The Benevolent Society is one of the oldest charitable organizations in the City of Detroit. Organized in 1867 for benevolent purposes. It has done splendid work since that time along benevolent lines. Its officers are Mrs. Florence Willis, President; Mrs. Phoebe Ford, Vice-President; Mrs. Gertrude Montgomery, 541 Beaubien St., Secretary.
The Scholarship Fund Club of Detroit is one of the most useful organizations, having been founded in 1910 through the efforts of Mrs. Elizabeth Smith and Mrs. Vernia Lucas, who gave an entertainment to aid a young lady to complete a teacher’s training course at Ypsilanti State Normal School. The need for such help that could be given to young people became apparent on this occasion and the club was put up on a sound footing by a membership composed of three persons from each of the Federated clubs of the city. Each year two or more ambitious students have been assisted by this club. This year, two young men, one a student at Ann Arbor, and another a student at Wilberforce University, are receiving the club’s assistance. The officers are Mrs. Vernia Lucas, President. Mrs. Delia Barrier, Vice- President; Mrs. Abbie Cheatham, Treasurer, and Mrs. Maude Henderson, Secretary.
The Detroit Study Club was originally effected for literary purposes only, but since becoming a member of the Detroit Federation of Clubs in 1900, it has broadened its work to include child’s welfare work, the Junior Civic League and Free Lecture Committee, and now has a department of philanthropy and reform, which raises funds for charitable contribution. All of its members are highly educated and talented ladies without exception. Its officers are Mrs. S. H. Russell, President;’ Mrs. A. Rideout, Vice-President; Mrs. J. B. Anderson, Secretary; Mrs. A. L. Turner, Assistant Secretary; Mrs. L. E. Bakeman, Corresponding Secretary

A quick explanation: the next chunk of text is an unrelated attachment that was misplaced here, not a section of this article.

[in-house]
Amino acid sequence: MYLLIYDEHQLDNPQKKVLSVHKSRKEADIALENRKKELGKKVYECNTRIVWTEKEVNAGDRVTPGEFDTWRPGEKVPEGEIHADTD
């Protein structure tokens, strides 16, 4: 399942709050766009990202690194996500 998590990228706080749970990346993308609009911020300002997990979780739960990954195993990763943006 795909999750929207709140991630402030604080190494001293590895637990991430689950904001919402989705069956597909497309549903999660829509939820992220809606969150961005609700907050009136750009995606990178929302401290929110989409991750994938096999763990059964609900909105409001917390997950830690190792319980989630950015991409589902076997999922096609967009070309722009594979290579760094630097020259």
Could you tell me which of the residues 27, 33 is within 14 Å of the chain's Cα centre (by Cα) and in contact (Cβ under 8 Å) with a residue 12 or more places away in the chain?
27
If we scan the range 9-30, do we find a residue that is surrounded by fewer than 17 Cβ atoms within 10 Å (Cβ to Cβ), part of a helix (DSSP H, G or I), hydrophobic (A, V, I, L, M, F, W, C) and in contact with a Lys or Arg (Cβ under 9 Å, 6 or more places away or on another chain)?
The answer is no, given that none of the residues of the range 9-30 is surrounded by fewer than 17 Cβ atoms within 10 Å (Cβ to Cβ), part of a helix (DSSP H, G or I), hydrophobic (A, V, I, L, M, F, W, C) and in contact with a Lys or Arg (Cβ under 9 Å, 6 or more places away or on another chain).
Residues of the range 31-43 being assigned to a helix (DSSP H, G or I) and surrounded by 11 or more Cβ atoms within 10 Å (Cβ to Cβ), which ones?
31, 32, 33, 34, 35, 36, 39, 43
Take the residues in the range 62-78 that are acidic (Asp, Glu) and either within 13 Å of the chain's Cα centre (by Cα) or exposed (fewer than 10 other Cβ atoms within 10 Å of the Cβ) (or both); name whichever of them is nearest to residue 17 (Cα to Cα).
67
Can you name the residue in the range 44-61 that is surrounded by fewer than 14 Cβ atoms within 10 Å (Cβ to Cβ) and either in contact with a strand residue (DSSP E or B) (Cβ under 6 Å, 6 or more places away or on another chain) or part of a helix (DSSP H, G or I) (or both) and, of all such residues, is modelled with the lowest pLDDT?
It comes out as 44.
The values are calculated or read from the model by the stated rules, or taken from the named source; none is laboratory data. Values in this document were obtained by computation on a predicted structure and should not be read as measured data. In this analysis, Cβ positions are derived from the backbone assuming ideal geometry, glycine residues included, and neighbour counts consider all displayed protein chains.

The Detroit Branch of the National Association for the Advancement of Colored People was organized in the Guild Hall of St. Mathews Episcopal Church in 1910 and has become one of the most active agents for the protection of the rights of citizens in the State of Michigan. It is composed of both white and colored members and holds an annual Lincoln-Douglas celebration in honor of the births of the great emancipator and of Fred Douglas. It meets on the first Thursday of each month and its committees are ever alert in securing needed assistance against the transgression of private or public rights of colored citizens. Its officers are: Wm. S. Osby, President; Rev. R. W. Bagnall, Corresponding Secretary; Miss Hattie Butler, Recording Secretary; Walter D. Johnson, Treasurer; Francis H. Warren. Attorney.
The foregoing Afro-American organizations must serve as an index to a large number of like bodies throughout the state, especially in the larger cities. There is for instance the State Federation of Colored Women’s Clubs in Michigan, which has representatives from every center of colored population in the state, but the work of these clubs Is indicated by those here given and the time is too short in which to secure the necessary data to give individual information regarding each. Many of them are connected with the church societies, while some others are adjuncts of secret orders, all of which serves to show the activity of the Afro-American people in club uplift work, in addition to which social clubs are almost equally as numerous.